The iPhone X: Apple’s Ideology of American Techno-Exceptionalism
Five Alive

I bought my first Apple in 1977, an Apple ][. I was told at the time that I was an idiot, that with the TRS-80 and Commodore 64, Apple was doomed!

Ever since then, I’ve kept buying Apple products and people keep telling me that Apple is doomed.

Here’s what you miss. It’s not the feature list. It’s the experience. It’s the implementation. People did fingerprint security before Apple — unreliable, and in reality not that secure. Apple designed TouchID so not only was it a great fingerprint reader, but it was stored in a way it never left the phone and other software couldn’t get at the data.

Now, face recognition. Which has been done with other consumer devices before — and could be fooled by a picture, needed to be bright to work, didn’t work well on darker faces. Apple’s design actually projects an infrared beam at the face, draws a 3D result (flat pictures won’t work), it checks that the eyes are open and such, and can work in low light level. If all that is true (and I have no reason to doube it), this is one that will work. And you’ll see it on other phones in about two-three years.

They weren’t the first to use NFC connections for pay by phone. Google did it long before Apple did, but they just sort of threw it out and said “Here, use it if you want” — Apple actively evangelized the process, very successful at getting the banks involved, partially successful at getting the vendors involved by still working (those with Android benefited from it because, if they support Apple Pay, they support Android Pay).

Yes, Samsung provides the screens, so they make money off the iPhone X (and most of the other iPhones too) — they’re very, very good at making screens, so why not use them? Other phone makers use them too, building a high quality screen making system is difficult. But Apple didn’t grab the first OLED screen Samsung had to offer. They had requirements to adopt the technology and once those were met, they adopted it.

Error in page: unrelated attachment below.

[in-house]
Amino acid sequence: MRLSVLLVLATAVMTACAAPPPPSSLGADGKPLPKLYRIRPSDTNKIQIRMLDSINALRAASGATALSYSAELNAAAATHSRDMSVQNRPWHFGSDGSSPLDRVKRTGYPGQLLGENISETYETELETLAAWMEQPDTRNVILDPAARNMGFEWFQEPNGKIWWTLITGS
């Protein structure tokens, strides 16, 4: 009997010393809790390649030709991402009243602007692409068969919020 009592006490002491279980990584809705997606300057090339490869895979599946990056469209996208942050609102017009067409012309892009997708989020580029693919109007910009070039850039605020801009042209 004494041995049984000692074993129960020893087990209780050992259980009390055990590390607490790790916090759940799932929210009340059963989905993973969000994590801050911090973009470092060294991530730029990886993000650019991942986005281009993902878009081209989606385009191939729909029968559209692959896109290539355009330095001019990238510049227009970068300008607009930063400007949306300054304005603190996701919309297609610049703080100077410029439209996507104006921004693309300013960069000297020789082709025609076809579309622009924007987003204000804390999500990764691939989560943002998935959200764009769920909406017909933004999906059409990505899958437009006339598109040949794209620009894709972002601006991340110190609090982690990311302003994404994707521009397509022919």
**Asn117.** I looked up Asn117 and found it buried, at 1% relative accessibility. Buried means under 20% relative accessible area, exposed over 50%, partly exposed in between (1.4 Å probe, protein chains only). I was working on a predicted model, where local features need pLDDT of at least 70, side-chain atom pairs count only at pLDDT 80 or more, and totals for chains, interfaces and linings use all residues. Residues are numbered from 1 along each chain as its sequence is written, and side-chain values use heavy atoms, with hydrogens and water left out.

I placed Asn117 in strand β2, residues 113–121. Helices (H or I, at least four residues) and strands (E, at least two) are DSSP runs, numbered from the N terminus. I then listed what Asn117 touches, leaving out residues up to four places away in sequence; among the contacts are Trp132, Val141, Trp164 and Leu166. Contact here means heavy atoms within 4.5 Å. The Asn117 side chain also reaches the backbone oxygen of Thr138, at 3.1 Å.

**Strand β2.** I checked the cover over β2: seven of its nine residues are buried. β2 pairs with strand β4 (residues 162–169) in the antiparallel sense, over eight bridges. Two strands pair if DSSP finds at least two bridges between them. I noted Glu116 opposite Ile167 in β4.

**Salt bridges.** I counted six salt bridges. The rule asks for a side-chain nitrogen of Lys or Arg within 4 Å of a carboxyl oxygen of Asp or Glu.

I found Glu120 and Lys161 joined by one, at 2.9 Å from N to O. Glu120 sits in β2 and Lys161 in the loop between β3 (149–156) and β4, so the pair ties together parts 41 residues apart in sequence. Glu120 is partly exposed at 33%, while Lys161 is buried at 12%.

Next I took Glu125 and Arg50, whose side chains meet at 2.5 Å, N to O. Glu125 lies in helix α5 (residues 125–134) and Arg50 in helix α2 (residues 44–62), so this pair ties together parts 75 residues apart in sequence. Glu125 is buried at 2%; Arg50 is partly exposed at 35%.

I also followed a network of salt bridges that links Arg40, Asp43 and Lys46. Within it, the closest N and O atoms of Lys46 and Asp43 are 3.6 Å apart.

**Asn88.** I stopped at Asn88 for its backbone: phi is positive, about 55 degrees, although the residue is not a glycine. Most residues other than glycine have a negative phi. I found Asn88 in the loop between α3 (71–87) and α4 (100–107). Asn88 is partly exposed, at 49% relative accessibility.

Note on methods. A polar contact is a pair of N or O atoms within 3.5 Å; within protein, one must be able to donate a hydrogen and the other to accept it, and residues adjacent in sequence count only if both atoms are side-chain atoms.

They do design their own processor chips, because the ones they could buy off the shelf didn’t measure up. If Samsung stopped making good screens, Apple might invest in making their own screens — Samsung knows this, so they invest in making them better. (And other customers too, of course)

Are they perfect? No. Do they make mistakes? Sure. And then they fix it. Not always as fast as I’d like, but they’re a big company with a lot of people depending on them so they don’t turn on a dime.

They don’t chase market share. Never have. They never have with computers — so that’s why they never filled them up with bloatware in a desperate attempt to make money. (I was in a company, made Mac and PC software, and we paid to have demos of our software on PCs.)

So it’s 40 years ago this month when I bought my first Apple (bought it second year at college, saving up money earned during the summer). People have told me all along that I’m making bad choices, that Apple can’t survive unless they go for the mass market and look at those competitors they’re dooomed. But I’m still here, typing on my iMac, waiting for a call on my iPhone 6, charging my iPad Mini 2. Yes, none of those are the latest and greatest — the Apple products I’ve bought have lasted long, and in a couple weeks I can install the new operating system on all of them. The date it’s released.

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